Figure 6.1 A Spreadsheet That Would Make Pricing Decisions Easy
But the reality of business is different. It is very difficult and expensive—perhaps even impossible—to gather information such as that in Figure 6.1 "A Spreadsheet That Would Make Pricing Decisions Easy". You might imagine that a firm could experiment, trying different prices and seeing what profitsRevenues minus costs. it earned. Unfortunately, this would be very costly because most of the time a firm would earn much lower profits than it could. Experimenting might even generate losses. For example, suppose that, one September, Ellie chose to try a price of $2 per pill. The firm would lose nearly $6 million—the equivalent of about six months’ profits even at the very best price. Ellie would rapidly find herself looking for another job.
It is clear that trial and error—choosing different prices at random and seeing how much profit you get—could lead to costly mistakes, and there is no guarantee that you would ever find the best price. By adding some structure to a trial-and-error process, though, there is a simple strategy for finding the best price: begin by slightly raising the firm’s price. If profits increase, then you are on the right track. Keep raising the price, little by little, until profits stop increasing. On the other hand, if profits decrease when you raise the price, then you should try lowering the price instead. If profits increase, then keep lowering the price little by little.
Figure 6.2 "A Change in Price Leads to a Change in Profits" shows how a change in price translates into a change in profits. A change in a firm’s price leads to a change in the quantity demanded. As a result, the revenuesWhat a firm receives for selling its output, which is equal to the price received per unit sold times the number of units sold. and costsThe payments a firm makes for its inputs, such as wages for its workers. of a firm change, as do its profits. Figure 6.3 "The Profits of a Firm" shows the profits a firm will earn at different prices. Our pricing strategy simply says the following. You are trying to get to the highest point of the profit hill in Figure 6.3 "The Profits of a Firm", and you will get there eventually if you always walk uphill. At the very top of the hill, the change in profits is zero.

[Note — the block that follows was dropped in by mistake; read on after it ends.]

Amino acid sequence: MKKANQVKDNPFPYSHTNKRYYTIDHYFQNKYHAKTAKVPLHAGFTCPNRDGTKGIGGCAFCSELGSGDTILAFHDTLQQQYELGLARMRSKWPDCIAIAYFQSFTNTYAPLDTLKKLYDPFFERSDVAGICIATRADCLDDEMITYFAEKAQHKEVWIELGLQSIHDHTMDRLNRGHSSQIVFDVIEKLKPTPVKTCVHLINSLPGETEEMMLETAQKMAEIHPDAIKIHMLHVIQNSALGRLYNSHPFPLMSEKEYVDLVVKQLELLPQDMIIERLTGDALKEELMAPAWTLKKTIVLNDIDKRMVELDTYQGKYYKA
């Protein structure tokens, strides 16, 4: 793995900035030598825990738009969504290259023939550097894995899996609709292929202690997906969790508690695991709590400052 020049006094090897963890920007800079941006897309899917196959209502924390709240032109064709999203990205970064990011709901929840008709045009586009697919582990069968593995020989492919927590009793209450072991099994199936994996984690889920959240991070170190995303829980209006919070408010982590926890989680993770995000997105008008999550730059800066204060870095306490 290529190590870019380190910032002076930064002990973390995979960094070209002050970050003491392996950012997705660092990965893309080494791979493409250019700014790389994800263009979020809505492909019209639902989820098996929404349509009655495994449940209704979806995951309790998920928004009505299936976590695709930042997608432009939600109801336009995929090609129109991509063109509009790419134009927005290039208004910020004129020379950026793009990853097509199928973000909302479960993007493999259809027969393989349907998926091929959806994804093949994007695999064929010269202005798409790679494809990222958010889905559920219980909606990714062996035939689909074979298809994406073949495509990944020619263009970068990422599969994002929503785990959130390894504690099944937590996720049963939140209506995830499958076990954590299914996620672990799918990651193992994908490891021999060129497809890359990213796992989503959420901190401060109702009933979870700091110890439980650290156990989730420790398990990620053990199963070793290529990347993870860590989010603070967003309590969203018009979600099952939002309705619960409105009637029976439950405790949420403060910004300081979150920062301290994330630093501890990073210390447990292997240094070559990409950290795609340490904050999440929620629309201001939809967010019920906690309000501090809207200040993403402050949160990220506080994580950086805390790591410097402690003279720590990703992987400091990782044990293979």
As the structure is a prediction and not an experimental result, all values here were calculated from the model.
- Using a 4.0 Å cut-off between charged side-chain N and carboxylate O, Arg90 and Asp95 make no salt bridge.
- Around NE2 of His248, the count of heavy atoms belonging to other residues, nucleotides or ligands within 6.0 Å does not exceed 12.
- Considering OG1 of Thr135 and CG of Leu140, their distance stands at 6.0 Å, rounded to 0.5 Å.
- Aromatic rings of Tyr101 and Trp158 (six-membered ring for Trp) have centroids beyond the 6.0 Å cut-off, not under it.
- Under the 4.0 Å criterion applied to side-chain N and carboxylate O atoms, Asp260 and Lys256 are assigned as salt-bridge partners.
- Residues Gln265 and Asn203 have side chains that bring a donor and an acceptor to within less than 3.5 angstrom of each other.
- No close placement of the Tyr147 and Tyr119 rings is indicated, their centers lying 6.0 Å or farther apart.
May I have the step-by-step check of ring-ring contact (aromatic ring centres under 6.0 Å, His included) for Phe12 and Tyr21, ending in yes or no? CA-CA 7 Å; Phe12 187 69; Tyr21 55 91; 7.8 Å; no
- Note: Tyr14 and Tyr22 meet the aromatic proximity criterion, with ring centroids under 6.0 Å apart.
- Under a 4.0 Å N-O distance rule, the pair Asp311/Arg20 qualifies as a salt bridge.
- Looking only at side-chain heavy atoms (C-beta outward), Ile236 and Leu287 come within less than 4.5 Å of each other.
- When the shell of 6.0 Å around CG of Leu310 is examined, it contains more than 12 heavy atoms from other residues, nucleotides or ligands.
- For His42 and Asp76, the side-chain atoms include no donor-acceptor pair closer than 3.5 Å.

Figure 6.2 A Change in Price Leads to a Change in Profits
If a firm changes its price, then there will be a change in demand. This then leads to changes in revenues and costs, which changes in the profits of a firm.
Figure 6.3 The Profits of a Firm
We could end the chapter right here. But we want to dig deeper and uncover some principles that tell us more about how pricing works. Then we can learn what information Ellie and other managers like her need to make better pricing decisions—and how they can make these decisions effectively. Our starting point is our earlier observation thatprofits = revenues − costs.